Taking a break from my Bucket List series to discuss transportation in America. America is a country of vast opportunities and new horizons. While America is a world leader in several prominent categories, I have to say that we’re lacking behind the rest of the world when it comes to transportation.
Returning from Europe, I noticed one clear thing that was consistent with each Western European country that was truly hard for me to shake up. Transportation simply worked much better and did what it was supposed to do. Out of the many things that I noticed, here are a few things that I noticed:
Air Travel – Flying in Europe is convenient, but also affordable. I was amazed that flying from Germany to London via Ryan Air, was $50/one way. Traveling like that in America would be much more expensive, especially given that it’s considered international travel. Unlike Spirit Airlines in the US, Ryan Air had comfortable seats, served food, and really just provided a much better experience than what Spirit offers in an attempt to be a rival discount carrier. Most American’s resort to driving because of the expensive flight prices, but the approach to flying in Europe is different in Europe.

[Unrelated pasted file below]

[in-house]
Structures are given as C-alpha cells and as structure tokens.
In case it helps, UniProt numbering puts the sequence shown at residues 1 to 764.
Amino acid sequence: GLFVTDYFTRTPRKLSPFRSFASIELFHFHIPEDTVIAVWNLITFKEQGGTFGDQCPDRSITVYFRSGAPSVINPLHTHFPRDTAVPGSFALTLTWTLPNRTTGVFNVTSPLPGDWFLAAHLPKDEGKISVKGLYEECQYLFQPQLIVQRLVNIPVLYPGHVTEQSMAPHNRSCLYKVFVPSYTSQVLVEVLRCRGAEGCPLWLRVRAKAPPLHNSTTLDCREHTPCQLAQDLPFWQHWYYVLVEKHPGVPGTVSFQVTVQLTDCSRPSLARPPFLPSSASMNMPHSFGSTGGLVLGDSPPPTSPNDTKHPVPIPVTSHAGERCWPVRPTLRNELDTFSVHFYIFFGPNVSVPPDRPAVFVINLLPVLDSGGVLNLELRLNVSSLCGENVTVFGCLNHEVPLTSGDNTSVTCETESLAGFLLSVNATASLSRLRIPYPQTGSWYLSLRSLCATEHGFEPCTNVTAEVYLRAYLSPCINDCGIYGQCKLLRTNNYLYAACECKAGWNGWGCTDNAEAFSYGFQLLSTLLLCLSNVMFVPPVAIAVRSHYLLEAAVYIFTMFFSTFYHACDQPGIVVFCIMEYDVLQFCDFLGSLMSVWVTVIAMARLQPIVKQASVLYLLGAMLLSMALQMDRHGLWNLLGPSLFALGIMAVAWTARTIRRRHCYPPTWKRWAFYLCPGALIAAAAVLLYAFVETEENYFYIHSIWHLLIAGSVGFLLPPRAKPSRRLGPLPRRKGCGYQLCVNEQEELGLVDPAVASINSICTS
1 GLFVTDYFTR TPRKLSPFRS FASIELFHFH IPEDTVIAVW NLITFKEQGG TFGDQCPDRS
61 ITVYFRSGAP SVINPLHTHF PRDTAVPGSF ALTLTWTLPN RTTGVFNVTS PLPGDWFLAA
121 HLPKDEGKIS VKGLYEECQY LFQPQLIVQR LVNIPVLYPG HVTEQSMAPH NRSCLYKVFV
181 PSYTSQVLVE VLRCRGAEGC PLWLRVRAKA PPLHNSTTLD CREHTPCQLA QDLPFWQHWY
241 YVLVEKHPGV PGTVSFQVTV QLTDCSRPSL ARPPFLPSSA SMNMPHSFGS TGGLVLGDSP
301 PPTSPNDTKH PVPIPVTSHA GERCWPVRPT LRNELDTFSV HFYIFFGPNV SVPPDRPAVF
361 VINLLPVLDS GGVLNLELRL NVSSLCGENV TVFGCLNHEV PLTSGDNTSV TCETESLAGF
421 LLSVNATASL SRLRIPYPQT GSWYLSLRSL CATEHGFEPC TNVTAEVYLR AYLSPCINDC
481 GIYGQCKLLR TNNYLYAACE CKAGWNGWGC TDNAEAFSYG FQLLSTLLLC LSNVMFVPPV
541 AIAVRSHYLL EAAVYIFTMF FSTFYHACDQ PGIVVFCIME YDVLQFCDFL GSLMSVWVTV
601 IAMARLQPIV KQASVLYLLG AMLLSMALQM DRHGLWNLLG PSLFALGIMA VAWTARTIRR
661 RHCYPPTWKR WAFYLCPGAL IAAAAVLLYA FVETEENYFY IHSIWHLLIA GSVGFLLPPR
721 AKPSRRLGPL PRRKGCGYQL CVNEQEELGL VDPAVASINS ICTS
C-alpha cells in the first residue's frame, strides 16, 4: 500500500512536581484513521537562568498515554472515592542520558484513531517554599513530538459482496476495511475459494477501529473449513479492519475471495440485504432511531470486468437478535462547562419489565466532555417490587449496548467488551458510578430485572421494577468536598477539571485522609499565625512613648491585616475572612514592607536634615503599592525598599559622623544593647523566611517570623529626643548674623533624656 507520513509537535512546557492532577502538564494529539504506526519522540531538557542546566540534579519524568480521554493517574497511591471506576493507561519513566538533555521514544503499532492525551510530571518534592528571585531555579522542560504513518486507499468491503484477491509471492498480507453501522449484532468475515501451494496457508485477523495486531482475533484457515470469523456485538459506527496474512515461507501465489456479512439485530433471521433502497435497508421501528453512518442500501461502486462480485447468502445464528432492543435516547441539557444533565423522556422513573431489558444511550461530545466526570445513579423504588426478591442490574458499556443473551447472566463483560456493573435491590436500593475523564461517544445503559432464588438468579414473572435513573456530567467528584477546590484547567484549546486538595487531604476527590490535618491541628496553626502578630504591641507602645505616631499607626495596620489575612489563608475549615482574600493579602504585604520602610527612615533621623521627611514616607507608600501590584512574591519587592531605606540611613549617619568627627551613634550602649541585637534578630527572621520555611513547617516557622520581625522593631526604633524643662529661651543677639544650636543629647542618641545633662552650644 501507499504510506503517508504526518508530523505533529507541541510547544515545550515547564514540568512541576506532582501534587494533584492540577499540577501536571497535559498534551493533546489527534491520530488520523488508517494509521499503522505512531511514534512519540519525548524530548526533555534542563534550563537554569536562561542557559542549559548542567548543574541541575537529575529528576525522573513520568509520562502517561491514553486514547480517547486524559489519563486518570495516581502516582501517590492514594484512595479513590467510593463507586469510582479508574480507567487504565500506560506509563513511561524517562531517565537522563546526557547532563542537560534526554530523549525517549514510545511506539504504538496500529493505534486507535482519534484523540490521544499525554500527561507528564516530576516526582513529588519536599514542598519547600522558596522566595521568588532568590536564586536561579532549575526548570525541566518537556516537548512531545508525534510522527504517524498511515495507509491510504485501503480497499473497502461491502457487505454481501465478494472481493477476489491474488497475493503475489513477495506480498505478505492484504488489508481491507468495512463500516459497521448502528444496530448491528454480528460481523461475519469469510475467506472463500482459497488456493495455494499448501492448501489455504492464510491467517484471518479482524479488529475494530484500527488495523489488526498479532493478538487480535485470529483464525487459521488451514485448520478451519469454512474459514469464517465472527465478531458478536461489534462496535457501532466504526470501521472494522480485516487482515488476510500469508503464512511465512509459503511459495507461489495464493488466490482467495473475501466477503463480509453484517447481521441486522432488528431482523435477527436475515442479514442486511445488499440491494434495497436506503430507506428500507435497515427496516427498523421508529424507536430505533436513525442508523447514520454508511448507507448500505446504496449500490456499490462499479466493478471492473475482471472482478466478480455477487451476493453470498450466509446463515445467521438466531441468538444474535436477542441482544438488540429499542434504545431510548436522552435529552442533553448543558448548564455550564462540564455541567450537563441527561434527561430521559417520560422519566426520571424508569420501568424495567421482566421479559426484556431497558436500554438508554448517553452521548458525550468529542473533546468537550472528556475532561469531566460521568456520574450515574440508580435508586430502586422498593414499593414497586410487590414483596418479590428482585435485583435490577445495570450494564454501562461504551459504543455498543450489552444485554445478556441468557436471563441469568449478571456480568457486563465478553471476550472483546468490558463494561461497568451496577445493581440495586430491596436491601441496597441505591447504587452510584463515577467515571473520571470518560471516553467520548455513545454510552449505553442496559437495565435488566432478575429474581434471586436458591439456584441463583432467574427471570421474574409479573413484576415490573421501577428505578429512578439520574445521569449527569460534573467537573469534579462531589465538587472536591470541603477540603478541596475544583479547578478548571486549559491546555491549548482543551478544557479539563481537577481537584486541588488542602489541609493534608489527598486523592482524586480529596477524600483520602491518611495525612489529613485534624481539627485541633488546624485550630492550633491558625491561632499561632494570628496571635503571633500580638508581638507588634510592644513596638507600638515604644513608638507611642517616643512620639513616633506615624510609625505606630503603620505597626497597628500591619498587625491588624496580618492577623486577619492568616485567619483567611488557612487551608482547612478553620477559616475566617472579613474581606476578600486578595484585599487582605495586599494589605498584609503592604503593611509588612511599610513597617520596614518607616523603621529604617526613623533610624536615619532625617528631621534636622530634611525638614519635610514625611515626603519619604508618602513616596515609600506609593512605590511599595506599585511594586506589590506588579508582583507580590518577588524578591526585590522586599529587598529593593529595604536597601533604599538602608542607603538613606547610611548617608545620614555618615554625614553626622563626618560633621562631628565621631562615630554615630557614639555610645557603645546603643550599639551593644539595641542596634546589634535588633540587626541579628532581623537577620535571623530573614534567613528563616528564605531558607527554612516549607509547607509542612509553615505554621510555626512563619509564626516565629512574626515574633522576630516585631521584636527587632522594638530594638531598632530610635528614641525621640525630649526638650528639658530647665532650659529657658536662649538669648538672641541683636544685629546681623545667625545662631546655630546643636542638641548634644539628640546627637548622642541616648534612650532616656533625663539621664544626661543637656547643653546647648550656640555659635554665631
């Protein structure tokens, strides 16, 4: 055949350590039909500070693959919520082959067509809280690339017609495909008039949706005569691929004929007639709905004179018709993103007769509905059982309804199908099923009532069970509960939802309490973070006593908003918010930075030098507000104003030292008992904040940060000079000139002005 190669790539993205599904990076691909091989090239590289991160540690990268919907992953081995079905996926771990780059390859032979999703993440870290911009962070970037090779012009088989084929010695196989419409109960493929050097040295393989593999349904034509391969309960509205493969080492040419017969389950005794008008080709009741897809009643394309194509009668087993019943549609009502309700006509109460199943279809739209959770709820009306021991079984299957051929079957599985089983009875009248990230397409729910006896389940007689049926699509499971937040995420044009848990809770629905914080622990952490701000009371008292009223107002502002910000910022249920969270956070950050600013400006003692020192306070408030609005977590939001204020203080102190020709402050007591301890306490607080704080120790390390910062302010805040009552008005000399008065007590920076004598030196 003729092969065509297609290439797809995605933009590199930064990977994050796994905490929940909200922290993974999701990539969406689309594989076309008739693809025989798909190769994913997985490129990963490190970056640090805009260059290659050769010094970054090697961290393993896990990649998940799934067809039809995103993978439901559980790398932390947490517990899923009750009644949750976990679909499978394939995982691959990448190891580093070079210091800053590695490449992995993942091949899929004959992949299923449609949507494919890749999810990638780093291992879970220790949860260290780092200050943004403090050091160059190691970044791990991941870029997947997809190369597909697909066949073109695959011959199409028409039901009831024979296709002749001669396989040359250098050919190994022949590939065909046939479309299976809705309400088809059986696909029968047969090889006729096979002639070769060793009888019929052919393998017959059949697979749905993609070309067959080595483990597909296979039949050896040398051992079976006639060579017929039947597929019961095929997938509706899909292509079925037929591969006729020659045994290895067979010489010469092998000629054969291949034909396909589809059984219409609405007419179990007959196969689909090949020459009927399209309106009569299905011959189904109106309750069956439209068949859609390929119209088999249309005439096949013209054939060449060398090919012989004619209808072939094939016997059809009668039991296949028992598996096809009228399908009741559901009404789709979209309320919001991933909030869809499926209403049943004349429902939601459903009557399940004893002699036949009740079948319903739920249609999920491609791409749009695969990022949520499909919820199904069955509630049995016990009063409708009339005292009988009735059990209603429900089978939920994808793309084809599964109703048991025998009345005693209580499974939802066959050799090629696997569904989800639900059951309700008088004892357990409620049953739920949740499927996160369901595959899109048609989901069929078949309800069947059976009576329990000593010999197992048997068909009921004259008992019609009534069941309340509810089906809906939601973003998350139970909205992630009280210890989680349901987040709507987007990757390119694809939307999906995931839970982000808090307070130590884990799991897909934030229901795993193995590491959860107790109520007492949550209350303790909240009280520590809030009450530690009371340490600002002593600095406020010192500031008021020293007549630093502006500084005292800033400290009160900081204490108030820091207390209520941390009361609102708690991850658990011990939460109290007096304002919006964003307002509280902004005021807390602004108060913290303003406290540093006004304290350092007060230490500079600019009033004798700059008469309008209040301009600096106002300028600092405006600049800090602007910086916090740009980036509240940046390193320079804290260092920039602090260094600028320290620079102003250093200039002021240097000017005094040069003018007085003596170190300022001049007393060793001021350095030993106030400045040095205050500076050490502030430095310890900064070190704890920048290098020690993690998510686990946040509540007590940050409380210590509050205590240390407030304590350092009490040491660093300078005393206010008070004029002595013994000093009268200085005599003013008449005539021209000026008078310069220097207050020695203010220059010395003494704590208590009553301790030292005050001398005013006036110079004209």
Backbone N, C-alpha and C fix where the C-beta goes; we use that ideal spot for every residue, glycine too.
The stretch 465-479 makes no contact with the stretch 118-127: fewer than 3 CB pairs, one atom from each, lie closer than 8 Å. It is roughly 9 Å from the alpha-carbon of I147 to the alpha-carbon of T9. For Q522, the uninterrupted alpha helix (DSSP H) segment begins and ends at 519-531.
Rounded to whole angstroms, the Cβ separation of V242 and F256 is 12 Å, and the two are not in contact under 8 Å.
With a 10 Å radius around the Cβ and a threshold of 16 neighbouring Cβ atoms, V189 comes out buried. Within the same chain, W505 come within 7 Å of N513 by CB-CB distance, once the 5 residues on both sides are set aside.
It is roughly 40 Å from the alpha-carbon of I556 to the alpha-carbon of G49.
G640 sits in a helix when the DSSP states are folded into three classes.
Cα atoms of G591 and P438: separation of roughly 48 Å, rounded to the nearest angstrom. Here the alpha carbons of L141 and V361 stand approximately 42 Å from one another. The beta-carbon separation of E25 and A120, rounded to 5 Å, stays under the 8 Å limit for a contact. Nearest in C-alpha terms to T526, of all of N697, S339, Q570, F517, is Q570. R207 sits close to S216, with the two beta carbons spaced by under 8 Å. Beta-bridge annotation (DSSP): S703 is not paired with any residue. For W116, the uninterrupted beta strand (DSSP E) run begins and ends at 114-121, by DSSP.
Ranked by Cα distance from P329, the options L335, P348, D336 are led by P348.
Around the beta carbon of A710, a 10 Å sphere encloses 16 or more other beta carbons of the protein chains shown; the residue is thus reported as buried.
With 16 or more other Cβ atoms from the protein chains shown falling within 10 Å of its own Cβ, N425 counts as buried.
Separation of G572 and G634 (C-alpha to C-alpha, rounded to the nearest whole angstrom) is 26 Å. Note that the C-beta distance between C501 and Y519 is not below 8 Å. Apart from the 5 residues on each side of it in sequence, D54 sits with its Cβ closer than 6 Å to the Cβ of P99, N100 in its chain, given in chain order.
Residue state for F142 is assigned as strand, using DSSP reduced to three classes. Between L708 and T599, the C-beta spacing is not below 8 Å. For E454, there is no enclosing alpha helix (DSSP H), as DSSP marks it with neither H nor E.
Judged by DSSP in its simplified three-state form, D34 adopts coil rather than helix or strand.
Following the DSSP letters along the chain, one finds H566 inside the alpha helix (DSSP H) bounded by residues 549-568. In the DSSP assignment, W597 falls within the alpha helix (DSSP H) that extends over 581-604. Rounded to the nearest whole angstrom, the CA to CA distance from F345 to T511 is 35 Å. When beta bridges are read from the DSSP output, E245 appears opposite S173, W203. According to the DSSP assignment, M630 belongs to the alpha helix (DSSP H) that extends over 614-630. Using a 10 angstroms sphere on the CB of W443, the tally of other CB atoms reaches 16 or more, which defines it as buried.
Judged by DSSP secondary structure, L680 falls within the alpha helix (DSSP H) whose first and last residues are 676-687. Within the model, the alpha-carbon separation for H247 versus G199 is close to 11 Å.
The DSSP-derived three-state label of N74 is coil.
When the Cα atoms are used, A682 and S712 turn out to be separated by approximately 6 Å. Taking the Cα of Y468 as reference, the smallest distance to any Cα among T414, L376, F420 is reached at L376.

Rail/Subway/Light Rail – I can honestly only say that we have a handful of cities that can match the mass transit options that Europe has. Outside of the East Coast cities, Chicago, and San Francisco; most US cities lack a true mass transit system that connects a city and offers one the true ability to avoid driving. In London and Paris, I was able to hop on the London Underground and Metro, and really just get anywhere. I never needed to rent a rental car or catch a taxi. Outside of learning how to navigate between the various lines, each subway system provided me with plenty of options to make it to and from the many attractions in each city. Unfortunately in the US, it’s all about driving to and from locations, and then battling with parking fees and a crazy amount of traffic.
Cars – Although the US adopted the European approach to highways with using the Eisenhower Highway System, it needs some modifications. In the US, the highways have too many varying speed changes and an inconsistent flow of traffic unless you’re forking up the change and taking the expensive toll highways that are now occupying most booming areas of the US. The Europeans have a refreshing approach to using cars and the speeds on the highways. Instead of being restricted to slow speeds, high speeds are encouraged in areas, along with unlimited speeding areas as well.
In conclusion, the American approach of going bigger isn’t always better. While we love our humungous trucks and SUV’s, having multiple avenues of travel from within the city to other areas of the country would make for a much better traveling experience.